He said the government had already identified 1400 ha in land from brownfield sites in the New Territories, while land developers had warehoused a further 1000ha.

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Girl, 6, in hospital after Mui Wo building fall

A six-year-old girl is in hospital with head injuries after a falling from a first floor window in Mui Wo yesterday morning.

The girl, surnamed Shum, lost her footing while opening a window in her family home at Silver Waves Court at around 9:45am, Apple Daily reported.

She was taken to North Lantau Hospital by ambulance.


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Sheraton Tung Chung opens Dec 1 with special staycation offer

Lantau’s hospitality options will expand further on December 1 with the opening of Sheraton Tung Chung.

The 218-room hotel, built on reclaimed land on the Tung Chung waterfront, is opening after an 12-month delay thanks to last year’s political tumult and the pandemic.

It is opening its arms to local residents.

“We would love to invite our neighbours to be one of the first to come and enjoy our exceptional hospitality,” the company posted on its Facebook page.

Until February 28, it is running a promotion for locals. For HK$1101 and upwards, guests can enjoy a single night in a deluxe room with buffet breakfast for two, free welcome drinks and late check-out till 3 pm, according to HKET.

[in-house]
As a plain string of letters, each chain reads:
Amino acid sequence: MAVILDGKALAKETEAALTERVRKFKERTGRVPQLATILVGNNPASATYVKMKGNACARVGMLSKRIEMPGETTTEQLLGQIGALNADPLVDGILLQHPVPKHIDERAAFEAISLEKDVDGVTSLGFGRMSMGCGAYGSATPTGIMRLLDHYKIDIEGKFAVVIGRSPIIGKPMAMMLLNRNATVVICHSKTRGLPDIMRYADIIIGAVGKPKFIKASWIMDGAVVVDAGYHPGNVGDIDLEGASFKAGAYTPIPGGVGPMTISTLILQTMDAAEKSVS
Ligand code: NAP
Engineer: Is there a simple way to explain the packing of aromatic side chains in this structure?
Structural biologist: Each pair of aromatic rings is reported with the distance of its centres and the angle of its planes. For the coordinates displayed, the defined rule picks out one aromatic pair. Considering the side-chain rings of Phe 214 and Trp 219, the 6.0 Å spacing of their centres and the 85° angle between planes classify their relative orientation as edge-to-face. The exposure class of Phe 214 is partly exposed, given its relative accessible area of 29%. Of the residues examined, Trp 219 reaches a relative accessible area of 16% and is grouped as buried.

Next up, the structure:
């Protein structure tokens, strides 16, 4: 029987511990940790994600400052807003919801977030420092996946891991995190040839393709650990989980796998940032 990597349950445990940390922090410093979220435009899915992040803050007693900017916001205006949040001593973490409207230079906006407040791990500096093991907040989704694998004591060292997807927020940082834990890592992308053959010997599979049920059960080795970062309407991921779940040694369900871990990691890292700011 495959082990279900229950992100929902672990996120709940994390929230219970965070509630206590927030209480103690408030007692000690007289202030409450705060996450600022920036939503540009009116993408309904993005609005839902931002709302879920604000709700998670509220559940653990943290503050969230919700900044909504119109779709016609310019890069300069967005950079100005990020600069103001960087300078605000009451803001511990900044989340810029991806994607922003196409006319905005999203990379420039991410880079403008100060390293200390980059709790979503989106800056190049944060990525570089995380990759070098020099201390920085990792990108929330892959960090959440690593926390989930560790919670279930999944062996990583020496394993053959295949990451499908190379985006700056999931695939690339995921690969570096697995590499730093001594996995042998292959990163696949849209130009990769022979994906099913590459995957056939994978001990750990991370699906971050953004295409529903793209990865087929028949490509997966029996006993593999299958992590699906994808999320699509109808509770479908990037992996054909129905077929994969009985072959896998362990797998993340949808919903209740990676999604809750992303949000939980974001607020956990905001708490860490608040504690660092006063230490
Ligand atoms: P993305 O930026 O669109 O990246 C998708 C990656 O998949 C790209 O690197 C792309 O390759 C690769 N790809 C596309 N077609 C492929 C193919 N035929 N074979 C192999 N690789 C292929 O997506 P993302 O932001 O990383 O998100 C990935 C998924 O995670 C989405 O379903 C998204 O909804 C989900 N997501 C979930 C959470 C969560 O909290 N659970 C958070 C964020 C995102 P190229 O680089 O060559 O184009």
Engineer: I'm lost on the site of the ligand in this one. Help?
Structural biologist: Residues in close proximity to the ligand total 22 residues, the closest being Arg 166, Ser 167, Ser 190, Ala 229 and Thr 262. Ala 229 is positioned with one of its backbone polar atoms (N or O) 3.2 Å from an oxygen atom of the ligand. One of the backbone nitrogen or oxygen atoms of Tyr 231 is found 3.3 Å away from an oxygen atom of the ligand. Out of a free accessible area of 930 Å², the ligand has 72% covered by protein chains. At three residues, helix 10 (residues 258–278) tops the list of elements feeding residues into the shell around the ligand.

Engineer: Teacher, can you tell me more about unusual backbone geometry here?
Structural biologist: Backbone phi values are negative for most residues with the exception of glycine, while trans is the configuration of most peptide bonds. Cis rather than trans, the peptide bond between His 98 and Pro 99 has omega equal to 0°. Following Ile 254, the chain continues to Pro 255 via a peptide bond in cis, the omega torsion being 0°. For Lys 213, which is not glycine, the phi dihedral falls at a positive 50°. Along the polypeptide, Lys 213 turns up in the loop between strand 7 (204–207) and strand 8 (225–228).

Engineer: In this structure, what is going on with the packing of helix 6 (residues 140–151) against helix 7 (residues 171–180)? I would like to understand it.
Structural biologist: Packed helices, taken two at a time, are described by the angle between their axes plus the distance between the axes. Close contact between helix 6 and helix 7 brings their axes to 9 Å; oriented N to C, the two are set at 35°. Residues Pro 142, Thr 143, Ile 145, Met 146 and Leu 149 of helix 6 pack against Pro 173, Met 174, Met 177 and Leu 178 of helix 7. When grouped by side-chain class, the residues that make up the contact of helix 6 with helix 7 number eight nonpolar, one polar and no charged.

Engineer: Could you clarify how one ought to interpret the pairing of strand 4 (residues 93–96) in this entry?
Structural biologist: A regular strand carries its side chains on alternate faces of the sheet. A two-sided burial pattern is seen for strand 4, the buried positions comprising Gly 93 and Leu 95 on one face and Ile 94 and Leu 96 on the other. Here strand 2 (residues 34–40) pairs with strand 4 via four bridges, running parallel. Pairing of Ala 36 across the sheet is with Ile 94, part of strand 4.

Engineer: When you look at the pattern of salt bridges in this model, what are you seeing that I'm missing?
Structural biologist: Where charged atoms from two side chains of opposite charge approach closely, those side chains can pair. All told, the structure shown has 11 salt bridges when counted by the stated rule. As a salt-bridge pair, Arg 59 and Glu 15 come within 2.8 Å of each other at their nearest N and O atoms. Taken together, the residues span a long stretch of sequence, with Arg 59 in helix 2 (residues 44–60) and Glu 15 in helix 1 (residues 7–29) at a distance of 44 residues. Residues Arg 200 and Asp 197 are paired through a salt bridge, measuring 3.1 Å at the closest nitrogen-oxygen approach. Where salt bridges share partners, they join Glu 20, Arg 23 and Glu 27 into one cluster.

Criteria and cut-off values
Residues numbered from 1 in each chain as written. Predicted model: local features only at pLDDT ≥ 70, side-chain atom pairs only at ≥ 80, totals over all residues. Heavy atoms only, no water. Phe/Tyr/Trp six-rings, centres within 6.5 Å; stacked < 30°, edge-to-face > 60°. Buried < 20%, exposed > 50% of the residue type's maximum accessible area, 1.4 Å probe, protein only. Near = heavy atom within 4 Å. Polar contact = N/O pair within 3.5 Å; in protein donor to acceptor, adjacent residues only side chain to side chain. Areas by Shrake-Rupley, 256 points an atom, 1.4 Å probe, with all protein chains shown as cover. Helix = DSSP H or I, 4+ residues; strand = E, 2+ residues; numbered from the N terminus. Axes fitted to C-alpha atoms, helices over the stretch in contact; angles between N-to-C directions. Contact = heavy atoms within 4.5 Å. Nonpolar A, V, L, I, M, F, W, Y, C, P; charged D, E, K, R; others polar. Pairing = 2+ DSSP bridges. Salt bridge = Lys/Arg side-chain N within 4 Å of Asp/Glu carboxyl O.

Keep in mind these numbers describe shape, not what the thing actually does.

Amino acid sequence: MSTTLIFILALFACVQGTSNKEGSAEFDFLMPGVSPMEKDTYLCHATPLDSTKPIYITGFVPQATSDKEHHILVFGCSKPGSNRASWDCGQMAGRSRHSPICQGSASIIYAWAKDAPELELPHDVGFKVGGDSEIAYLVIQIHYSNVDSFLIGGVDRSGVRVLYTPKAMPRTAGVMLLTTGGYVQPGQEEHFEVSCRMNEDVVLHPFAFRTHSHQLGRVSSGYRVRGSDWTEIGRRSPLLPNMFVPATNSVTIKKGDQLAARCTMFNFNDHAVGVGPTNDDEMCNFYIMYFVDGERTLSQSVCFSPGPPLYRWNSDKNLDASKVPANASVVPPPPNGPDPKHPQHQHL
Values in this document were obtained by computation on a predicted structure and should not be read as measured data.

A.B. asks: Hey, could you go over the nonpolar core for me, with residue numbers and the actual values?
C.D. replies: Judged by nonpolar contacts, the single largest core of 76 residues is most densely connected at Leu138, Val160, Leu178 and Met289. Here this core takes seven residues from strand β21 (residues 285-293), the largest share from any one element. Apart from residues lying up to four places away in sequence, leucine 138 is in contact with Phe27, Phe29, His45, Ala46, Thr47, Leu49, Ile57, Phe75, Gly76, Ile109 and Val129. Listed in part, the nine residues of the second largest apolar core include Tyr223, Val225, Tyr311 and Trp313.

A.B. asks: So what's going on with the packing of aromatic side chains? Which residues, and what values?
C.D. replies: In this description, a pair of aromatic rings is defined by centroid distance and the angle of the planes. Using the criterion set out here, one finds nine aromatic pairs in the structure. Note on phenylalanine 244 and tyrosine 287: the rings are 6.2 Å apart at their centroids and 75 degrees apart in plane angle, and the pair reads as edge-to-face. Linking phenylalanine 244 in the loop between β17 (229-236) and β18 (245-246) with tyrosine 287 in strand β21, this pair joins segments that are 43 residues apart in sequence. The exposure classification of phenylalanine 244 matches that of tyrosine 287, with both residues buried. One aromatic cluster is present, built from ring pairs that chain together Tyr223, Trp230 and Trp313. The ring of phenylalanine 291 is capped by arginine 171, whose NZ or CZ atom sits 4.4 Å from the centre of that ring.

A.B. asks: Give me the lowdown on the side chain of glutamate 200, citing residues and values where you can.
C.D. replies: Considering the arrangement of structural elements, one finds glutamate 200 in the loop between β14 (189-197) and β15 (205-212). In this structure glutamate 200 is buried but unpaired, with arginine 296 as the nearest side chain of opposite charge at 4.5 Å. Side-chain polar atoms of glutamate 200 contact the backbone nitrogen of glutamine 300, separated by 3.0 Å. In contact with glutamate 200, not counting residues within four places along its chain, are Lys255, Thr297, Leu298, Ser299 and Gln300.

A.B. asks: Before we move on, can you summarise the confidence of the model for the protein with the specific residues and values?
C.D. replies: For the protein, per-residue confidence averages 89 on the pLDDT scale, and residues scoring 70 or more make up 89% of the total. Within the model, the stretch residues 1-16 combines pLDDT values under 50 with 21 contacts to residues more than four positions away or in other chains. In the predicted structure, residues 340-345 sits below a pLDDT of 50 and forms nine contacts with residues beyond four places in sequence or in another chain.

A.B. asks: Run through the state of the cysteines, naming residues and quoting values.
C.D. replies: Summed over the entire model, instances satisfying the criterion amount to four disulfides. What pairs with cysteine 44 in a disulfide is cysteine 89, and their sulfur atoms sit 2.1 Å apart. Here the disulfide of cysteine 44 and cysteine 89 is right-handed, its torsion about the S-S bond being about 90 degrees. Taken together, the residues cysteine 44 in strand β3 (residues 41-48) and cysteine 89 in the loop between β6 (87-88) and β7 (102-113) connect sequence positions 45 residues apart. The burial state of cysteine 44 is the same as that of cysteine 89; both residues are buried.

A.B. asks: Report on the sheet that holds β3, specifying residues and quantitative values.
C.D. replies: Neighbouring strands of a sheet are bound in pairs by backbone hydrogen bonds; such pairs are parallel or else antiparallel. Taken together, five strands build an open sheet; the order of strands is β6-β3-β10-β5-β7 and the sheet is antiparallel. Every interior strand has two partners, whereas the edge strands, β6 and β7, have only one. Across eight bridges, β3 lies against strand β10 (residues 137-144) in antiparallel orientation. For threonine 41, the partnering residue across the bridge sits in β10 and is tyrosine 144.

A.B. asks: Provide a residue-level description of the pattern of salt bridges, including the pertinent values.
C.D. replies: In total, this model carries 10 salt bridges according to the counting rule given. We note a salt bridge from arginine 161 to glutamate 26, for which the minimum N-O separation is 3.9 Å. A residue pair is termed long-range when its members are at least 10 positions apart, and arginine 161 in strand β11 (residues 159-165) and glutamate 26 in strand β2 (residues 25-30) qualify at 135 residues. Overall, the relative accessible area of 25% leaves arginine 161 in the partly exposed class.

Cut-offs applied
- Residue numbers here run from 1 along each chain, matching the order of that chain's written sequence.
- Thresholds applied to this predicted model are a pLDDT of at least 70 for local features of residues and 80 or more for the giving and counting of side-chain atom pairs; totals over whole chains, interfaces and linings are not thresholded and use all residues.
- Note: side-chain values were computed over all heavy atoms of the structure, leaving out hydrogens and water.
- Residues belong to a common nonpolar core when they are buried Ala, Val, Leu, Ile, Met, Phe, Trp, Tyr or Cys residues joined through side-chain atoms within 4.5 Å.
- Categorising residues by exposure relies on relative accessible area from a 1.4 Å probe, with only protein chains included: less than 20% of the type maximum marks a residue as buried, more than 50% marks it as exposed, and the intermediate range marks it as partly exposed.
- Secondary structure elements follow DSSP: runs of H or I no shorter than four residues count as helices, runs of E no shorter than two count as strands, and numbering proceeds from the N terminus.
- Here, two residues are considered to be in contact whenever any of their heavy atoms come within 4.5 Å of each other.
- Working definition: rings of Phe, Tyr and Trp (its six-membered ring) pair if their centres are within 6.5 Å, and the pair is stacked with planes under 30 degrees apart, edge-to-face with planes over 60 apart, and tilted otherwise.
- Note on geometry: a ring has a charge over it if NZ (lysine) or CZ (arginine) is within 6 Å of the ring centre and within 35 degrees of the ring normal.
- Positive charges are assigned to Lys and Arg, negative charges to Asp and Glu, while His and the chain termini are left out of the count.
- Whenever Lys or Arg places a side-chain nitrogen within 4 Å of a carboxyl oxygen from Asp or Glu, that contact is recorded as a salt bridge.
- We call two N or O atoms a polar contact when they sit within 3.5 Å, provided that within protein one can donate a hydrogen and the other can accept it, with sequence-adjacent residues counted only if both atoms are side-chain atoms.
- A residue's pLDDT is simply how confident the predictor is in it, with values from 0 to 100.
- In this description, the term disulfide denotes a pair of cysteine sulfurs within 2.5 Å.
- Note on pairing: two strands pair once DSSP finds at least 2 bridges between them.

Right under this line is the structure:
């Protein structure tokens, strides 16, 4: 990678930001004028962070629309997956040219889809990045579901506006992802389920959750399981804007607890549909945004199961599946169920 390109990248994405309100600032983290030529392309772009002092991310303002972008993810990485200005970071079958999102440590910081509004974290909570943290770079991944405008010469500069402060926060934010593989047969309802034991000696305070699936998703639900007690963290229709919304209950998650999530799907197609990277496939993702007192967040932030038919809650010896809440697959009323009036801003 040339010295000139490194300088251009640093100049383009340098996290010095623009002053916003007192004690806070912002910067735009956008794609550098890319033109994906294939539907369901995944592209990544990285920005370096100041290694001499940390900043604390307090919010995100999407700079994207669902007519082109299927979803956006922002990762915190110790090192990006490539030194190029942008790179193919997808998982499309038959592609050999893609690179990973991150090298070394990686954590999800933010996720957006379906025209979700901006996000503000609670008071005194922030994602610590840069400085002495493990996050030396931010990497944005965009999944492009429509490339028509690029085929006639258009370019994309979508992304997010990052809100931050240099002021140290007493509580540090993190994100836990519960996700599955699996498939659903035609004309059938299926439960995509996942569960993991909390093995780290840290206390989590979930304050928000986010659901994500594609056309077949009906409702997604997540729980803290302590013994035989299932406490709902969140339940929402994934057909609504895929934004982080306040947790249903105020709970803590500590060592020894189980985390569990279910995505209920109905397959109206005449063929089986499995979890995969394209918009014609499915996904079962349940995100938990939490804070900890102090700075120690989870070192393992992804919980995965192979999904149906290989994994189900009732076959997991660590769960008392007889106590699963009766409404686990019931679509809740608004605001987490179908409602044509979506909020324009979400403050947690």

If you’re wondering if you qualify as a local, according to a Sheraton customer service representative the answer is ‘yes.’

The hotel’s dining options include rooftop grillhouse Sunset Grill, modern Chinese restaurant Yue, all-day dining at Cafe Lantau, and a lobby Lounge for afternoon tea. It also has a pool deck and a gym that faces the sea.

Bookings here.

Photos: Sheraton Tung Chung

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District councillors unanimously oppose increase in closed road quota

Finally, something all of Lantau can agree on: we don’t want more cars.

In a rare show of unity, Islands District Councillors have voted unanimously to reject a proposal to increase the number of temporary vehicle permits for South Lantau.

The Transport Department is planning to double the number of private vehicle permits from 25 to 50 and to trial the introduction of non-Lantau taxis and motorbikes.

It argues that its one-day permit scheme has been a success because of its popularity, with demand far exceeding supply.

In a paper to the council, it said that since the scheme began in February 2016 the total number of vehicle trips to South Lantau via Tung Chung Road had not risen. The government had added alleviated pressure on parking with another 148 spaces in Mui Wo, Pui O and Tai O.

But in a meeting on Monday councillors rounded on department officials, complaining they had wasted their time, inmediahk reports.